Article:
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Musical theatre was my first passion. I had total tunnel vision when I was younger and was confident it was all I wanted to do. But I left drama school after a year – my whole world changed and suddenly I had no idea what I wanted to do. Beauty had always been interesting to me, but only in the background. My mum was – and is – a successful hairdresser, so I was always interested in products and experimenting with different looks. After moving home and going back to square one, I decided to train as a make-up artist.
My first job was with M·A·C Cosmetics. When I got the job – after a three-hour interview – I felt so proud to be there and to this day I think I owe a lot to that company. As a white woman, I would never have realised that proper shade ranges didn’t exist had it not been for them. I loved how they promoted trans and gender-neutral rights before a lot of other brands. As a company, it taught me so much and encouraged me to develop my confidence.
The pandemic changed everything. At M·A·C I was doing bridal beauty every weekend, but then the pandemic hit and, like so many others, I suddenly became jobless. It was then I took to Instagram and started doing live make-up tutorials showing real skin. I didn’t want to edit – I wanted to portray a realistic standard of beauty. By scrolling through Instagram I’d started to see how filtered everything was – I couldn’t find a single story that didn’t have some sort of visual effect on it. It was then that I started discussing filters – I only had about 3,000 followers at the time – and asked those who felt brave enough to upload a filter-free picture, using the #FilterDrop to track the progress.
I never anticipated it turning into a ‘movement’. It was a passion project. Even now, I don’t take the credit for the growth of the #FilterDrop campaign – it came down to every single person who uploaded a photo. It’s been a collective movement, I just initiated it. The situation grew rapidly and once the BBC picked up on the progress of the campaign, everything went global – I was being tagged in all sorts of interviews worldwide, but even now it feels surreal.
Society plays a huge part in our ‘filtered’ lives. I’ve always believed that large corporates should take more ownership and stop pushing unrealistic standards onto everyone else. Fundamentally, people use filters because we live in a world that tells you you’re not good enough. If filters don’t exist, we can all collectively do more to change this perception. It’s what led me to push further with an investigation with the Advertising Standards Authority (ASA). It took six months and led to the guidelines changing within the industry – you can no longer advertise products using a filter, which is something I’m proud of. While the campaign blew up overnight, the groundwork took a good seven years to lay. I really believe you can succeed at anything in life if your integrity and passion are strong enough.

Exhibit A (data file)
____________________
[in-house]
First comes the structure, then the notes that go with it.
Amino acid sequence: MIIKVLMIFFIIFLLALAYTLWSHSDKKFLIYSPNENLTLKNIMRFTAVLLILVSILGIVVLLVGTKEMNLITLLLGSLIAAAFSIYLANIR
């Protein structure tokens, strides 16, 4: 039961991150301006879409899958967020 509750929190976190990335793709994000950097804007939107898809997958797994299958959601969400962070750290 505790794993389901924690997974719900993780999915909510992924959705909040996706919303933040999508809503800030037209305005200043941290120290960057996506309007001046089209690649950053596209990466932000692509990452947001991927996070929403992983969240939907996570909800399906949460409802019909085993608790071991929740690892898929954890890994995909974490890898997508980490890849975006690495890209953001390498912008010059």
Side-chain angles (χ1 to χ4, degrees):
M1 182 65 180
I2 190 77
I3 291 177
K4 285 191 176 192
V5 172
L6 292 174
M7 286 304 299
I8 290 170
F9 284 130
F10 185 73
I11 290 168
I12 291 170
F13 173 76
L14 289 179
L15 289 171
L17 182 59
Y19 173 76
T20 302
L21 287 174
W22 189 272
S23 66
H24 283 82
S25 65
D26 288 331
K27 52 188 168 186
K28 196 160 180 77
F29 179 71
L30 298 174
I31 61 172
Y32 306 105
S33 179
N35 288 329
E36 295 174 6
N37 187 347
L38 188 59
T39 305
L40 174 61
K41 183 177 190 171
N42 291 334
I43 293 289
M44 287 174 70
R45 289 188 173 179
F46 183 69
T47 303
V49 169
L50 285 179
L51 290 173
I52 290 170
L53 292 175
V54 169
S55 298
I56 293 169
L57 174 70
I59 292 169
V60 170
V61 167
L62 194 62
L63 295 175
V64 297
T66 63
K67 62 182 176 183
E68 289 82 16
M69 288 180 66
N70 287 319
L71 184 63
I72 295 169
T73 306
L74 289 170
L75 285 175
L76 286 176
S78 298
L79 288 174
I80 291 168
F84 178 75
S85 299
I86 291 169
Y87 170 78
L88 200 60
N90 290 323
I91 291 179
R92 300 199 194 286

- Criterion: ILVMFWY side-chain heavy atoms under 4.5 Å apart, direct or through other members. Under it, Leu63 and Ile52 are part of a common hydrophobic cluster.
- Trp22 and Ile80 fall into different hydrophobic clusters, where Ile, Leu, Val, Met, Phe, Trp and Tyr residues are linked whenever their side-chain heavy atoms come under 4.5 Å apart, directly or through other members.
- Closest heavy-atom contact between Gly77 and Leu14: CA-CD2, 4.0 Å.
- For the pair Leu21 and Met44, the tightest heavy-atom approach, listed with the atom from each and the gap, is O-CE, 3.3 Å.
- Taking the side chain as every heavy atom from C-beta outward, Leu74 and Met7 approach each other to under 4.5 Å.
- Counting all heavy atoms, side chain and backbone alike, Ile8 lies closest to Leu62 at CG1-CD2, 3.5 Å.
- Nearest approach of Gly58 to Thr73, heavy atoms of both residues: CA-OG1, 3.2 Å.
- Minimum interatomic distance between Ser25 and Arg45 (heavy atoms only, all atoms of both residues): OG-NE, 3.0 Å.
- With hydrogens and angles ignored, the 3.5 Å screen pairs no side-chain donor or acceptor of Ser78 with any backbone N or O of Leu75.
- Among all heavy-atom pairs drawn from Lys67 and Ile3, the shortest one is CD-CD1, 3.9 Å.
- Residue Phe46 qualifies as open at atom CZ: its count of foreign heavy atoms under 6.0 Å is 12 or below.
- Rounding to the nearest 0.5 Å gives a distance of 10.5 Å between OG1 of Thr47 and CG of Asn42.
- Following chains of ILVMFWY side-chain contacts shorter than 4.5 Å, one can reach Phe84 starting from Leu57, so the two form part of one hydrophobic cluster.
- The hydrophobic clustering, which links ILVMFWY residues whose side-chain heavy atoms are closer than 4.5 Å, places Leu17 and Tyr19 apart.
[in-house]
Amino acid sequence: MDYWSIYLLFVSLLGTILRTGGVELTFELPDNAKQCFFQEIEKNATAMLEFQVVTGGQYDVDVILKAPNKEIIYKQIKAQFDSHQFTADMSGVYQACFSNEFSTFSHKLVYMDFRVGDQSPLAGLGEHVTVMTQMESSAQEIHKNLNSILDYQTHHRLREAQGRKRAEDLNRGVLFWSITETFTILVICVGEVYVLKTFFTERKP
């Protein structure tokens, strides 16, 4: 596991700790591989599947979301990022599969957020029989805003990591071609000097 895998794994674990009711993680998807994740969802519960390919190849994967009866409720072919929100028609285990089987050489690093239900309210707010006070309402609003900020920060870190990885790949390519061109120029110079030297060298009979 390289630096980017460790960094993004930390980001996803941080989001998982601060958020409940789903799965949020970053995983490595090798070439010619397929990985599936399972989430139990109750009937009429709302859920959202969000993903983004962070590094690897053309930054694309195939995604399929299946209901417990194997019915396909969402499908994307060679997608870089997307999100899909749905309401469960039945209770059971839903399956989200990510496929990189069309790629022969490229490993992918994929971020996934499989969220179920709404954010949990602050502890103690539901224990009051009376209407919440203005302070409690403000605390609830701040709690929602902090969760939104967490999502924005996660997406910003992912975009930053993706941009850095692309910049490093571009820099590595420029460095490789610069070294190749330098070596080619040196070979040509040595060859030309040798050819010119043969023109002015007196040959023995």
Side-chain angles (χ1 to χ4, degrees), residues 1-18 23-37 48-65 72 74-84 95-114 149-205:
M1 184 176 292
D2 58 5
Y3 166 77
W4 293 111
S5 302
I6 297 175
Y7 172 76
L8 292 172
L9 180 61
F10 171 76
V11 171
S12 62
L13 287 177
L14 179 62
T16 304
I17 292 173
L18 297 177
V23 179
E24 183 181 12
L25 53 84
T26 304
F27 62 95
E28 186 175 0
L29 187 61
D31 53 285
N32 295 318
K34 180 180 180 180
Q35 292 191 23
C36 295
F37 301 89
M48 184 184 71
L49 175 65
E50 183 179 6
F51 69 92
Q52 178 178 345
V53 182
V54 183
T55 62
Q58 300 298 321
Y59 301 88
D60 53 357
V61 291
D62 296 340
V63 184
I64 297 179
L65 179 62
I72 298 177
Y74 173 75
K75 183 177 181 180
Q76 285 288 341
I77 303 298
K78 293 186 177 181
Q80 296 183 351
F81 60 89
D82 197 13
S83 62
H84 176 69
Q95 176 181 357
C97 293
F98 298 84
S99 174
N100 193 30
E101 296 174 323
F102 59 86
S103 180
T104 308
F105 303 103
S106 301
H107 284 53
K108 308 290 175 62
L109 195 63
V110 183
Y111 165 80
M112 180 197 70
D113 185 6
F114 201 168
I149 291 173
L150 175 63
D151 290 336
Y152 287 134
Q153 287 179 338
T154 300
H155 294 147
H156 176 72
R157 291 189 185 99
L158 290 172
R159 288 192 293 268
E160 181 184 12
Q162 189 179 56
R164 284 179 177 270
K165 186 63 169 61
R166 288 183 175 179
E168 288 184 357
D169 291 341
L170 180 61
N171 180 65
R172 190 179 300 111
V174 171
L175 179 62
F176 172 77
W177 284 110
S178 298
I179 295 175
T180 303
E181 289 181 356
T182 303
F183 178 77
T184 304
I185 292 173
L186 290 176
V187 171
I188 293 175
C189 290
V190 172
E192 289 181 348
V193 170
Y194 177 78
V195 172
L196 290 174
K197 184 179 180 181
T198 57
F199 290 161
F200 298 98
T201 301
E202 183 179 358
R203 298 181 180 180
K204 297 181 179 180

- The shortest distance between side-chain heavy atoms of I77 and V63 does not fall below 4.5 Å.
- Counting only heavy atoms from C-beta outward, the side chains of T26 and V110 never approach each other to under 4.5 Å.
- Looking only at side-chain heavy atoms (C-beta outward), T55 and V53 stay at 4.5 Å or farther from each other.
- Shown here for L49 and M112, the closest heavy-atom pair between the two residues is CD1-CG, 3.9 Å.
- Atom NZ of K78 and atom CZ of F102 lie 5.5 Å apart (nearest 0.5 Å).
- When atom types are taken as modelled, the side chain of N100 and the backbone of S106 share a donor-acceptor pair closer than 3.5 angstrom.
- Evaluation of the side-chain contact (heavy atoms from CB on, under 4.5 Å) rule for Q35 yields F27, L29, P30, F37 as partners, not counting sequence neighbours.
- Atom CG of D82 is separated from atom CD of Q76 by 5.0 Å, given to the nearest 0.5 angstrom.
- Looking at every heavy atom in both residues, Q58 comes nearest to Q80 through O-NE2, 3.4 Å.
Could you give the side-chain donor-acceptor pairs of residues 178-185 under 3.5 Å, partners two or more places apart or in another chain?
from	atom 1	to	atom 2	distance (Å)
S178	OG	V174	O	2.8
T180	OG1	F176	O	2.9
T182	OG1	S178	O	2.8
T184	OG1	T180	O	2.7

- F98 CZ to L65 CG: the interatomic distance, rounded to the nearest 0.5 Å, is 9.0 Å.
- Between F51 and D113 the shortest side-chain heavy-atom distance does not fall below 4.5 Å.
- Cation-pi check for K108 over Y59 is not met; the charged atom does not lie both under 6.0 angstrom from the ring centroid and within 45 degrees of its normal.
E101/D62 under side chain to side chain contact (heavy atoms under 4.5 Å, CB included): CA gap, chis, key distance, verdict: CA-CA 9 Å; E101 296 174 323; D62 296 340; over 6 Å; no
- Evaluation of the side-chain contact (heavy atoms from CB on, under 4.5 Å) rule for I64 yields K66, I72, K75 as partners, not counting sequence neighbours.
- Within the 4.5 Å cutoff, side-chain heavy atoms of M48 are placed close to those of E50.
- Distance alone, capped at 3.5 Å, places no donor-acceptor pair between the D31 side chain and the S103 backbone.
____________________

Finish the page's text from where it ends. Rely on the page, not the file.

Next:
AI is a big concern for the future of filters. It is so advanced and will only get bigger and better to the point where we might not be able to differentiate what is and isn’t real. I hope we can keep pushing forward and stop things from getting out of control. I intend on speaking at more panel talks and getting in front of new audiences to further the conversation.
Keeping my own life unfiltered comes with its own challenges. Being who you are and talking honestly gives you the kind of reliability we no longer see that much of. The beauty industry is a glamorous one – as content creators we get taken to beautiful places and sent beautiful things, but I believe in showing up as I am. I’ve had a tough time recently after going through a divorce and being without a home for three months. Documenting all of that hasn’t been easy, but if I am going to be real in some areas of my life, it’s essential I paint the full picture.
Beauty trends aren’t for me. They come and go, and if you follow them religiously, you lose sight of what means the most to you. Through my beauty tutorials and YouTube videos, I am determined to grow the channel while sticking to my core values. My integrity will always be more important than being the most popular person in that moment – I don’t believe in doing something just because everyone else is. If you want to experiment and try blue mascara, do it. Everything is trial and error – so don’t let others sway you or put you off.
I really admire people who stick to their own style. That includes artists like Katie Jane Hughes and Jamie Genevieve. Mario Dedivanovic is another huge inspiration to me, as are Lisa Potter-Dixon and Lisa Eldridge. I also can’t recommend Alexandra Reader enough. She did my make-up once and I was so impressed. If I ever needed to have it done again, she’s the person I’d want to do it.